2. Wow, thank you for this wonderfully written entry. I happen to be someone diagnosed with severe, chronic major depressive disorder & anxiety NOS (“not otherwise specified”) (I had to share that diagnosis with you, because I personally find that diagnosis way funny…when I asked the doctor what “anxiety NOS” meant, he said, “you have anxiety, but it’s so intertwined with your depression & we can’t entangle it to find out what *kind* of anxiety it is, so the NOS is our category for when we can’t categorize a disorder” which means, to me, “you have anxiety but f*** if we know what the f*** kind it is!” which is TOO funny).

    Anyway, I’ve read some stuff on art & mental illness, especially art & bipolar disorder (which seems to be very en vogue) and art & depression. And this you said in the comment ~ “I think that there is so much more to say about art and depression than the usual stories: art as a symptom of the artist’s depression; depression as a special portal to depth or inventiveness; misery loves company” ~ I couldn’t agree with more! I’m kind of still digesting what you wrote, so I don’t think I can say anything else, especially anything really intelligent or insightful.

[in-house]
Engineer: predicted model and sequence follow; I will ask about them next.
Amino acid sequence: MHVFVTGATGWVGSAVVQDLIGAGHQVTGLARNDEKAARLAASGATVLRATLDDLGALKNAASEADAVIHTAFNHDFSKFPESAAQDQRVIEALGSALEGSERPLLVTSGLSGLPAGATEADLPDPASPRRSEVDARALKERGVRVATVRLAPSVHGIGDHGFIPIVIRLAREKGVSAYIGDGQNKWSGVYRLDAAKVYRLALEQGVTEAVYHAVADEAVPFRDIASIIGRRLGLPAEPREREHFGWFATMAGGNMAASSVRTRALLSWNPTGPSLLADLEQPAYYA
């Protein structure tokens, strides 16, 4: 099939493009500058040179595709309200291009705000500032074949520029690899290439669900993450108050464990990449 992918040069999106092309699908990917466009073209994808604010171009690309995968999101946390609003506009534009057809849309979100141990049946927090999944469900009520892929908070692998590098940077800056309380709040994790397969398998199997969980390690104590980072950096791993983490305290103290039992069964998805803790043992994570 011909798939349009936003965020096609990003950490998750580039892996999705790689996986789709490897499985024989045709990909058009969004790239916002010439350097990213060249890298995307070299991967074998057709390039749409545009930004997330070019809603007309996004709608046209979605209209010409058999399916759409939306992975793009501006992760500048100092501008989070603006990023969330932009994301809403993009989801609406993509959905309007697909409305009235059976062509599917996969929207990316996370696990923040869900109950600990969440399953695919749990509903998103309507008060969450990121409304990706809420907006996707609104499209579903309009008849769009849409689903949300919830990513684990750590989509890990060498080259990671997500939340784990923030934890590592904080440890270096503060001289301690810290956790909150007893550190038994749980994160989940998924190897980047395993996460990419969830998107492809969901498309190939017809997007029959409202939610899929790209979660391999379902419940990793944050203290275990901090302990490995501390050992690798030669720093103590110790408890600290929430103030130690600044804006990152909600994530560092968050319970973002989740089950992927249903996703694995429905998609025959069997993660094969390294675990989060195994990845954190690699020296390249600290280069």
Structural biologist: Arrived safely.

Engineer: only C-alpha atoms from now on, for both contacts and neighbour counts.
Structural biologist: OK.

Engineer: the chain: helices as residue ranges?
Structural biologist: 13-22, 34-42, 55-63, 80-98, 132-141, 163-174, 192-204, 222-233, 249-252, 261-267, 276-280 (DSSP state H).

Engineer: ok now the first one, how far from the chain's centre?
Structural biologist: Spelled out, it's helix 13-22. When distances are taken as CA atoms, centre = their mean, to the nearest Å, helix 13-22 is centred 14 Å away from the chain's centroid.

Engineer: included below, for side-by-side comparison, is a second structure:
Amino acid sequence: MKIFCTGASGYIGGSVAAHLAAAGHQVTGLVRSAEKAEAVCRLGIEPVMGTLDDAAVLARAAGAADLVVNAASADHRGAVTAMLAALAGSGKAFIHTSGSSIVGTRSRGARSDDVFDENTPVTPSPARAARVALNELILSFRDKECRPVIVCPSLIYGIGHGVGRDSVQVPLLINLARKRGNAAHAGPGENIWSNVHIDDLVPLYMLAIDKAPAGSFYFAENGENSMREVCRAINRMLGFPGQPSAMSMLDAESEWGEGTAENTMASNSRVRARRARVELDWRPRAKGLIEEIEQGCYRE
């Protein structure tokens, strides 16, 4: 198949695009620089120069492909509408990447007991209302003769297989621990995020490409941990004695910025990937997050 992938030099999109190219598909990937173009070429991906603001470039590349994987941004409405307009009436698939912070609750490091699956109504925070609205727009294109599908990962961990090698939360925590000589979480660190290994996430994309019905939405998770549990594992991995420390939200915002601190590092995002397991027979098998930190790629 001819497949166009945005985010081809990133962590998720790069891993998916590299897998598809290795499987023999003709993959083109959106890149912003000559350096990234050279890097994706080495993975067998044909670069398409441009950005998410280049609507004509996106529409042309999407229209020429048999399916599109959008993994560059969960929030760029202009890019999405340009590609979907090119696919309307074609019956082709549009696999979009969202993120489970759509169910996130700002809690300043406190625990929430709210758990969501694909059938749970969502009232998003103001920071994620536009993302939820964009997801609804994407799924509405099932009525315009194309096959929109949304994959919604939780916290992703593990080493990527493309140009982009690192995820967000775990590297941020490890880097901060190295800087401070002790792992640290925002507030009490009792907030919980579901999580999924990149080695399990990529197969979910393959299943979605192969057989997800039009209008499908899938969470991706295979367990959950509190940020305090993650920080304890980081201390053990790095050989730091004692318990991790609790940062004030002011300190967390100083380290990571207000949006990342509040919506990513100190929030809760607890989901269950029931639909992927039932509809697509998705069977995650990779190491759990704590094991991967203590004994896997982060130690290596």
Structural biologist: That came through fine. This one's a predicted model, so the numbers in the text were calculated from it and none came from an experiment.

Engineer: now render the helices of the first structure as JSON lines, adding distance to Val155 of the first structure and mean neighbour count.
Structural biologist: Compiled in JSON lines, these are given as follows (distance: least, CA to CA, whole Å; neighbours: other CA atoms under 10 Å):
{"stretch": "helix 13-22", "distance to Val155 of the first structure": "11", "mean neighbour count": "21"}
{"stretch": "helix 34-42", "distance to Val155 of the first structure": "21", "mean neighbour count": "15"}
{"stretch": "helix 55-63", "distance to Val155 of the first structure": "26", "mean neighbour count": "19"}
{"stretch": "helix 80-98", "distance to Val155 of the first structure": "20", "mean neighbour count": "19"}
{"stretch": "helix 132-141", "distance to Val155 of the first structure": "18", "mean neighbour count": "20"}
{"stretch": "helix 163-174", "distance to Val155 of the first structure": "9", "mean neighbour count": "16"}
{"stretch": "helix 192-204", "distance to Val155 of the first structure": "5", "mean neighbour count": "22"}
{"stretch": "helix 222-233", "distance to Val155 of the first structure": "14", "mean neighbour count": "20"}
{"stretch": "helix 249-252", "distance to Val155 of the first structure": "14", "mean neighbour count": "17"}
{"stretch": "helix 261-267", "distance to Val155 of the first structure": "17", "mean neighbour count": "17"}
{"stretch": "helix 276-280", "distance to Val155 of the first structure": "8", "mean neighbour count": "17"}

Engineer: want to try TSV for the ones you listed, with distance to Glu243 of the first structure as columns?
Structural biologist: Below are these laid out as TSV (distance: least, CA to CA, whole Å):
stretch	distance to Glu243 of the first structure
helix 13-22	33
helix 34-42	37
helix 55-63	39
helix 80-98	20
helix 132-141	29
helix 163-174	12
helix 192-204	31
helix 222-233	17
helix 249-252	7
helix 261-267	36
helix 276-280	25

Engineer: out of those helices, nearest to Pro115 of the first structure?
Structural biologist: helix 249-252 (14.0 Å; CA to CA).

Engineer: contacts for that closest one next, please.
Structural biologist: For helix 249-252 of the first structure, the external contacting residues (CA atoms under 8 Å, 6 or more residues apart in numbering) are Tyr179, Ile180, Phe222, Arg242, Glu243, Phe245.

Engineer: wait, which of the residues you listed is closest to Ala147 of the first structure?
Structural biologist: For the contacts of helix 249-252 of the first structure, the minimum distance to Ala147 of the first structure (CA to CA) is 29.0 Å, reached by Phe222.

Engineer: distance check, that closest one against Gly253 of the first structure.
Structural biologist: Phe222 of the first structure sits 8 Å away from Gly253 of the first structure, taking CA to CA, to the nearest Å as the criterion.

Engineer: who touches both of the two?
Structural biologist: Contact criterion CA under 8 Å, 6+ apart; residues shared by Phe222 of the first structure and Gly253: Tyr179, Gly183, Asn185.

But I took your advice & googled “bob dylan autism”. Wow. Why do so many of us feel the need to diagnose artists? I think one reason is because we need to be able to do something with genius other than apply the term “genius” to it – to *explain* it in some way. Because when confronted with genius, we often feel inadequate or even envious. “Well, why did THAT jerk get all the talent & here I am, a nice person, with not a smidgeon of the talent God gave THAT guy!” To be able to point to the person & say, “Well, his genius comes from a mental illness!” is very convenient. It both “explains” it & it then puts us back on equal – or even superior – footing to the genius. Because we’ve just labeled “the genius” as “a defective”. So, I may not be a genius, but I’m not a defective either. There. Done. That’s what I think is (partially) behind that urge to diagnose artists.